Why Business Insider lets its reporters fly on sources’ dimes

Henry Blodget isn’t one to be a slave to convention. After his crash as a financial analyst, he built Business Insider into a site topping 25 million uniques on a mix of click-bait and in-depth executive profiles.

Still more unorthodox, BI has published at least three stories in the past year that included a disclosure that a source paid expenses related to the coverage. A story by Steve Kovach about Samsung’s design philosophy, for example, includes the following disclosure: “Samsung paid for a portion of our trip to South Korea for this story, including the flight and some meals. Business Insider paid for lodging and all other expenses.”

Another, about Chinese Internet company Tencent, ends with this revelation from the author, Nicholas Carlson: “Disclaimer: I was only in Beijing because Tencent paid for me to fly to China to be on a panel. I paid for my airplane ticket to Shenzhen, however.”

A third, by Alyson Shontell, about a high-tech London hotel CitizenM, includes this disclosure: “London & Partners, a not-for-profit funded by the city’s mayor, paid for our flight and hotel to London this week to cover London’s startup scene. It paid the full price (about 400 pounds for three nights) at the CitizenM.”

“We do these very rarely — maybe a few a year — and we evaluate them on a case-by-case basis,” explained Blodget. “The deciding factor is whether we think the trip will lead to stories that our readers enjoy. We always disclose any arrangements prominently (being clear and straightforward is the key). We also don’t guarantee any kind of coverage, or coverage at all.”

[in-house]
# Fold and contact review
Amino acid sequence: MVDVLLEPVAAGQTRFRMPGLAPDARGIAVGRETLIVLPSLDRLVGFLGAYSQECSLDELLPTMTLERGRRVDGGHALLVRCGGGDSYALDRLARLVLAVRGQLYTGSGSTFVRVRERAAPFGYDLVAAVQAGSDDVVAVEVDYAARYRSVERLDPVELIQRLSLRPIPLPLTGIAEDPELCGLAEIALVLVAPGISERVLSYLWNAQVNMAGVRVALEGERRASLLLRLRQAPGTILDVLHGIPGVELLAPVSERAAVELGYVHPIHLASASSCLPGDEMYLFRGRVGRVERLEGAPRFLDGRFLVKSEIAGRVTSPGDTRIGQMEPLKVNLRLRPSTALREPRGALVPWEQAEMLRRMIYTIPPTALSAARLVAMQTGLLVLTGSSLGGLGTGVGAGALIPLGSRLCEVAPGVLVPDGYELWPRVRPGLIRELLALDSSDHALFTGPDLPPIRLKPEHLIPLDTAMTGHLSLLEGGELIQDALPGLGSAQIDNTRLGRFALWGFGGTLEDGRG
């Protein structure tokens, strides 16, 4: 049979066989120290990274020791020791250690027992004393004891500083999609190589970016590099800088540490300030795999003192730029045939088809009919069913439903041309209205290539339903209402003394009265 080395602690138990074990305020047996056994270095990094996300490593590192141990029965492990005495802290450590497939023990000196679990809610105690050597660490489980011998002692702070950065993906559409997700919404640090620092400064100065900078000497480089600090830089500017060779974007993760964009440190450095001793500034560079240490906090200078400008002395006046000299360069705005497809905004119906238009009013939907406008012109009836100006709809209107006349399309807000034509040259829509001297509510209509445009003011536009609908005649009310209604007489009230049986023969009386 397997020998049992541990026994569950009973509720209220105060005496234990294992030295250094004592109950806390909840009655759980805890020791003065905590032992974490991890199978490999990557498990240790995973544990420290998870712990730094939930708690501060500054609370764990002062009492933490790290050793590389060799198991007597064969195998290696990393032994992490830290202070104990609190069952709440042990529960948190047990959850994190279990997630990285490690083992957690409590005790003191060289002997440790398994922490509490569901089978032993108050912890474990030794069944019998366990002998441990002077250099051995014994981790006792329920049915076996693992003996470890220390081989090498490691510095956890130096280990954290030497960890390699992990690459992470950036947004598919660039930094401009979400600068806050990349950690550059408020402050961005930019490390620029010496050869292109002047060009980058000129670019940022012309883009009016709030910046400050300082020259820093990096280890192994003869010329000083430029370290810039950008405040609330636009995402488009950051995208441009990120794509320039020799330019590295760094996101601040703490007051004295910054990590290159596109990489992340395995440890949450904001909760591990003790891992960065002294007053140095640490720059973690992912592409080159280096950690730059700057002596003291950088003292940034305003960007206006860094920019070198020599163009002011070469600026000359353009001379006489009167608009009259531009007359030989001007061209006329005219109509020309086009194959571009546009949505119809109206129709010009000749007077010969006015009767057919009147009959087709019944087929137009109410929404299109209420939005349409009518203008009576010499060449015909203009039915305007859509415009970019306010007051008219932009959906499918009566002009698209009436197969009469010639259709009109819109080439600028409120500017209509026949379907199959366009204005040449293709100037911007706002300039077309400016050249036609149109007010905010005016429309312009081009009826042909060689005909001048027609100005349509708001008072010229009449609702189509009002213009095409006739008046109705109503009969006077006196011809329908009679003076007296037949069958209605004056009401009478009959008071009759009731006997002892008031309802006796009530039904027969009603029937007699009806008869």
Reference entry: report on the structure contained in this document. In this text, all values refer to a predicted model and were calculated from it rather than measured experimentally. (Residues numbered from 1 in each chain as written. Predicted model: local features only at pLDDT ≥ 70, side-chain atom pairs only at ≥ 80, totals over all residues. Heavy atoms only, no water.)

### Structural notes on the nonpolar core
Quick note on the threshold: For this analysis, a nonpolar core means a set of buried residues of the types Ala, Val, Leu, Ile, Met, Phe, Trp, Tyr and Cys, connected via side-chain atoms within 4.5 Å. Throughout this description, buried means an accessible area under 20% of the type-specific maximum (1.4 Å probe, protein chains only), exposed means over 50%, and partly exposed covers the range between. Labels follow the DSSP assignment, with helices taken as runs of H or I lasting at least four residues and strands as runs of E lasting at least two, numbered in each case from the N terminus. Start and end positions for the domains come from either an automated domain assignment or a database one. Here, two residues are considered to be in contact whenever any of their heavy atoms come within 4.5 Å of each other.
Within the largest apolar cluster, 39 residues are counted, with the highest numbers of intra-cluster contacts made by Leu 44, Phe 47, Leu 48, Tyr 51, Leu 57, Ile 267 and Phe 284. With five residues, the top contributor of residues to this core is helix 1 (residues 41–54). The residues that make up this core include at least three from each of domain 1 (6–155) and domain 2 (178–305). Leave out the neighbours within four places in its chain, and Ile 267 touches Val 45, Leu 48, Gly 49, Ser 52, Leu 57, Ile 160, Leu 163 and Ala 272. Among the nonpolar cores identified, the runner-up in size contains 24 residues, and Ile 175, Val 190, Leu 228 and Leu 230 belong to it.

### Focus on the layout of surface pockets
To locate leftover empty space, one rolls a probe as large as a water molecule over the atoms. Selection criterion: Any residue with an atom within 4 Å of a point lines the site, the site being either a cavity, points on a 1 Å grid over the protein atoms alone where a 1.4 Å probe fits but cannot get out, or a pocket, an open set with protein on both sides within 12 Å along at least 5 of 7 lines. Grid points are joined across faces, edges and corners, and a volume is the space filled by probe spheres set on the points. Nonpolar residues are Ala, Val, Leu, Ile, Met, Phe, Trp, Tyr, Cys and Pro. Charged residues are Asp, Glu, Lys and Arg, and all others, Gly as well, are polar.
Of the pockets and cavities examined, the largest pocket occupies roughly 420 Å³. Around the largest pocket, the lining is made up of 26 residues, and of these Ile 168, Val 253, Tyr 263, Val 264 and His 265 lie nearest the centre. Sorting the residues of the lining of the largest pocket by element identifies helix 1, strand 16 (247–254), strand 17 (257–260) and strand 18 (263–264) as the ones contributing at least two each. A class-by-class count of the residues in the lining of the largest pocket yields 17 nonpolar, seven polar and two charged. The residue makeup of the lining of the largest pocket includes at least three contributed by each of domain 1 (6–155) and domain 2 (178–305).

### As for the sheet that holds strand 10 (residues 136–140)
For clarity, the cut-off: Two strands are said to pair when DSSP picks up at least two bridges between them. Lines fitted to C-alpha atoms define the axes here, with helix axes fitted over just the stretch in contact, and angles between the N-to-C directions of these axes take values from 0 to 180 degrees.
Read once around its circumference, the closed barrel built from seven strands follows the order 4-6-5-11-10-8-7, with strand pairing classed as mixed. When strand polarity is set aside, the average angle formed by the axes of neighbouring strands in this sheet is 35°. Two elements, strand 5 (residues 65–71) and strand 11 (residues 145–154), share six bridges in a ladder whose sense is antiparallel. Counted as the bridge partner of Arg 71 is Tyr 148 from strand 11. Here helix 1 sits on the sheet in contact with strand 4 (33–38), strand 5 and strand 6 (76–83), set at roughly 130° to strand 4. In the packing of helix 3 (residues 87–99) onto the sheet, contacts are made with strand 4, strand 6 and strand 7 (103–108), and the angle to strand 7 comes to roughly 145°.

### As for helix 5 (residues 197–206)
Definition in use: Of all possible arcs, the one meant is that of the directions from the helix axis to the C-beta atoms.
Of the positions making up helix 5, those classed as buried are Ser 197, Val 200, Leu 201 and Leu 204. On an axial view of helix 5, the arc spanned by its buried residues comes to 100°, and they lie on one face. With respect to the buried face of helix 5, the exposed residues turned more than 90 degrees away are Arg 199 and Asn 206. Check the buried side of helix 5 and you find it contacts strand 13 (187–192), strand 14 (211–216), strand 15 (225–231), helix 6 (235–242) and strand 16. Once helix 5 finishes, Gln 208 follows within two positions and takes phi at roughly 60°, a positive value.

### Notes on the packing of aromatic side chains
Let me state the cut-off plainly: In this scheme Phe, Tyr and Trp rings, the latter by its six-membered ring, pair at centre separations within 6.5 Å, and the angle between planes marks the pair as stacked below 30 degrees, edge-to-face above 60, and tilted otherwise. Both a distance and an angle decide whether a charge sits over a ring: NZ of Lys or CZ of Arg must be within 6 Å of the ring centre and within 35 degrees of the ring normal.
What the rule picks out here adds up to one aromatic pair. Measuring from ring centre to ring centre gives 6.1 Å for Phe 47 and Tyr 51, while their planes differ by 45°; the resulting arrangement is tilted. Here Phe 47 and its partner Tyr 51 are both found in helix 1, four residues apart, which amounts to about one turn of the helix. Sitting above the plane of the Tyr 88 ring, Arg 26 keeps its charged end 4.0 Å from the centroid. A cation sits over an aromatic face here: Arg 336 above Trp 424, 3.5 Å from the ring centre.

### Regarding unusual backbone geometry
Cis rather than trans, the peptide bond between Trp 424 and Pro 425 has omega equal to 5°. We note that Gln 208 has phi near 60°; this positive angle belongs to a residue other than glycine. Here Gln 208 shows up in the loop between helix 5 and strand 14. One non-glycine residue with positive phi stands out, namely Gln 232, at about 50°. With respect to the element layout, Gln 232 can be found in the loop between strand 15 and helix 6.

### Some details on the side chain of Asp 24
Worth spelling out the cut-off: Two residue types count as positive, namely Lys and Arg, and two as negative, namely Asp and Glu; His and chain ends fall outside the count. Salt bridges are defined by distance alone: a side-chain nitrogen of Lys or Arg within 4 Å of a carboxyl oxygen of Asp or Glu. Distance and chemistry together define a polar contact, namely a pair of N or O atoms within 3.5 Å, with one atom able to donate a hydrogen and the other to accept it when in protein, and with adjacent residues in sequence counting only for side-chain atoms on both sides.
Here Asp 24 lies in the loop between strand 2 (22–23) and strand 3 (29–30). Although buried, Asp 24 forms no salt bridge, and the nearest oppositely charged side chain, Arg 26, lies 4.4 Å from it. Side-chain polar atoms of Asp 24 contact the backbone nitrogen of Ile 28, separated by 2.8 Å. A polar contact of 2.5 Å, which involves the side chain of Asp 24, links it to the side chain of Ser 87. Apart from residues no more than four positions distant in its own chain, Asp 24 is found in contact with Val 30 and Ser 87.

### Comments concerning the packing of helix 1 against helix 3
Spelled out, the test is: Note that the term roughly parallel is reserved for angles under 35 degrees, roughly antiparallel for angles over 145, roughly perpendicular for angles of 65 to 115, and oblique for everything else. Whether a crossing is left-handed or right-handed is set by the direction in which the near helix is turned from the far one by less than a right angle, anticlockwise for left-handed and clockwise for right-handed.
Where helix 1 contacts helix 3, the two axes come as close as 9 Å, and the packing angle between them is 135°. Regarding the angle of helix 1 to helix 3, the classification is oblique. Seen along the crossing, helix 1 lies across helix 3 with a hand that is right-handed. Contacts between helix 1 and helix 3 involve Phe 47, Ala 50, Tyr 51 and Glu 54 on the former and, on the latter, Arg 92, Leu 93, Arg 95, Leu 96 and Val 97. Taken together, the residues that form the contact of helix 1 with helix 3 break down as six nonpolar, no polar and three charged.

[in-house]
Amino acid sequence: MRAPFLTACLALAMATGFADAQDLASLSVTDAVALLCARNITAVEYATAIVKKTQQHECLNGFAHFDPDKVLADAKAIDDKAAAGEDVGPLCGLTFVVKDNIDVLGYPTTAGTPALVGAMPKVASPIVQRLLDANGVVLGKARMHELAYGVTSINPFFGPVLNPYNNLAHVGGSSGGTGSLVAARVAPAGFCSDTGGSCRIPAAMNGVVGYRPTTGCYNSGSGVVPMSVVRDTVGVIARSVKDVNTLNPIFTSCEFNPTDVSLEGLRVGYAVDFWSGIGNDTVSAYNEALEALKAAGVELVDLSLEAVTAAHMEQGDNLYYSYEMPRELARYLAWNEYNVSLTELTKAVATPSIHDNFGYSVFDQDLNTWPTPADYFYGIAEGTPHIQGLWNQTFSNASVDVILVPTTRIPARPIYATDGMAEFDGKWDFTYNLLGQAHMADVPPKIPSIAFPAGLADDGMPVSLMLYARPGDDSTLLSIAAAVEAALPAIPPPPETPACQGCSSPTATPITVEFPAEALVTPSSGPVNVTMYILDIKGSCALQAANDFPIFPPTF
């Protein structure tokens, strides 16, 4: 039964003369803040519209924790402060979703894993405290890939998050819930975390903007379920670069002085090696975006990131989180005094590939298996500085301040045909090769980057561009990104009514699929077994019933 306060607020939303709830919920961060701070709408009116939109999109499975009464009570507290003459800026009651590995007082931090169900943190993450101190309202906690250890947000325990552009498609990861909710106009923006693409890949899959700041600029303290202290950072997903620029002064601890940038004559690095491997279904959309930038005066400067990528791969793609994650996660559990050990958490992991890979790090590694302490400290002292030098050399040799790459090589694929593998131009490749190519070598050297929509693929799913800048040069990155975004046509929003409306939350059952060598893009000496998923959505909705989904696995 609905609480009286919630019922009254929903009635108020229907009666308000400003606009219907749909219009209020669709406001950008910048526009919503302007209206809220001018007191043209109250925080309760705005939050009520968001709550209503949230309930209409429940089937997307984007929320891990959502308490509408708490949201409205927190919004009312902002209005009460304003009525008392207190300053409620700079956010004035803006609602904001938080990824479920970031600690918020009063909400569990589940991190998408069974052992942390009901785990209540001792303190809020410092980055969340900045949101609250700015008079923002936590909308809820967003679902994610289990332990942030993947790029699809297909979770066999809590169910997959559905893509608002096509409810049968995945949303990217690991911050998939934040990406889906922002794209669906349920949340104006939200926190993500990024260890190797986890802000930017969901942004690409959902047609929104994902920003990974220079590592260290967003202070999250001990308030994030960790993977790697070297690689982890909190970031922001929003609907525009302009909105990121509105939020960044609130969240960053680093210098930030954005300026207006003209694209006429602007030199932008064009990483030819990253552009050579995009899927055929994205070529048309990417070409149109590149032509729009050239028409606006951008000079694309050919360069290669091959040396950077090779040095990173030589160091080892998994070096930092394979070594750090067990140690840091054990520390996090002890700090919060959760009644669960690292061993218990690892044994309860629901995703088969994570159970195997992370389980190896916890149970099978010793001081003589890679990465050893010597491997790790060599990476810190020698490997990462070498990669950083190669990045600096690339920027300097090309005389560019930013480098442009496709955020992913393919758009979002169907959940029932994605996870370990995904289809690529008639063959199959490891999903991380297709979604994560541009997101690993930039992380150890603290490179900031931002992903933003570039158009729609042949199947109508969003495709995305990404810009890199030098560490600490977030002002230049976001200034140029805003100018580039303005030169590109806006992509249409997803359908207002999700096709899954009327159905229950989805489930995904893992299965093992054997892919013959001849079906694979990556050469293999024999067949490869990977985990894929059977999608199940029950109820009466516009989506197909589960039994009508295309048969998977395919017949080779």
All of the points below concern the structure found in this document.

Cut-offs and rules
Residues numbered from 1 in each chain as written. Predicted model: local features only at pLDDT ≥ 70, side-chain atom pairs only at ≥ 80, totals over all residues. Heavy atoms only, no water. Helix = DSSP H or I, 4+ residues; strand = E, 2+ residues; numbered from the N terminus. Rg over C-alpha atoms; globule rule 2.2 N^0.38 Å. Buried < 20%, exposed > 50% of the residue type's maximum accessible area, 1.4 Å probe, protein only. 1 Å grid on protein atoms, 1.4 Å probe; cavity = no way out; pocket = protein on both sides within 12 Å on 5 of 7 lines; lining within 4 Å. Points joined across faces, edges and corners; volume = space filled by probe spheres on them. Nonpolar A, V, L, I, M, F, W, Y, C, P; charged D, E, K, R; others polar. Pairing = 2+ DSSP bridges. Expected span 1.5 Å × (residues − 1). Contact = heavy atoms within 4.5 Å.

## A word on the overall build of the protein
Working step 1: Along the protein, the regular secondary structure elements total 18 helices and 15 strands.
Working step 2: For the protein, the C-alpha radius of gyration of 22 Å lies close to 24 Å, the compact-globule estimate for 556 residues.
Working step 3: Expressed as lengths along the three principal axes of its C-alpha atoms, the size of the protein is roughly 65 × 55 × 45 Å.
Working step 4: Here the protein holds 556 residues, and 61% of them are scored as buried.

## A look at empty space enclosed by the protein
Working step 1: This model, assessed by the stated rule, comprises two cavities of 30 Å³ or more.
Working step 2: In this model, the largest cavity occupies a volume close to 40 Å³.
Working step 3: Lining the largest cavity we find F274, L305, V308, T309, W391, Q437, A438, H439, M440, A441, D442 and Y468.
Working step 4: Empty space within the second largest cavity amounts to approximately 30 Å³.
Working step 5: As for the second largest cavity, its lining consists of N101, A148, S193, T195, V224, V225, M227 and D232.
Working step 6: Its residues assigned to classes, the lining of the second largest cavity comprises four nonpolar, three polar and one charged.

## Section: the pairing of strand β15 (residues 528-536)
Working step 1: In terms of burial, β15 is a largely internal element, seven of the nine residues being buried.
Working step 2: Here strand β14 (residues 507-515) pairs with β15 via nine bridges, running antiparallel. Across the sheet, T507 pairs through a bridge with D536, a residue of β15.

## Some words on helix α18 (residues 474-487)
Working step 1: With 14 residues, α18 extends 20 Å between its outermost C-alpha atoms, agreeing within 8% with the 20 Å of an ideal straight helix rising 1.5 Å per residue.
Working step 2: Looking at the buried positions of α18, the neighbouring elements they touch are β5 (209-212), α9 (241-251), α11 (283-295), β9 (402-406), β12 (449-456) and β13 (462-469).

He said in the London case, the story “sounded like a cool adventure that our readers might enjoy.”

As for the Samsung story, he added, “The Korea trip was a great opportunity to tour Samsung’s Korea-based facilities and meet executives we would never have met otherwise.” He said BI expected the trip to produce “many” other stories.

There’s a long tradition of journalists being barred from accepting “gifts, favors, fees, free travel and special treatment,” as the Society of Professional Journalists code of ethics states, although people tend to look the other way when the subject is travel or leisure. A staff writer at Condé Nast’s Women’s Wear Daily is reportedly under scrutiny after enjoying a free getaway from a PR agency. Increasingly, though, the lines have become more blurred as marketers have turned to bloggers to produce content on their behalf. It’s still surprising to see these kinds of disclosures on what is principally a hard news site, though.

“There’s a lot of talk now as to whether this kind of transparency is sufficient or all you need to avoid the problems of conflicts of interest,” Fred Brown, vice chair of SPJ’s ethics committee, said of BI’s disclosures. “There are others who say, you should really avoid conflicts of interest altogether.” With the exception of some entertainment and travel stories, he said he’s against taking any payment. “It influences the way you report a story.”

Kelly McBride, who teaches ethics at the Poynter Institute, said there has to be a high threshold for a news organization to not pay its own way, which was hard to identify with the Samsung story.

“You have to wonder, why did you need a plane ticket to write that story?” she said. “If you’ve got to take [payment], it’s where you can’t do it yourself, and it has to provide the audience with something so crucial so it balances out the compromise you make. The audience has got to be able to figure out, ‘Oh, I see why you did this.’”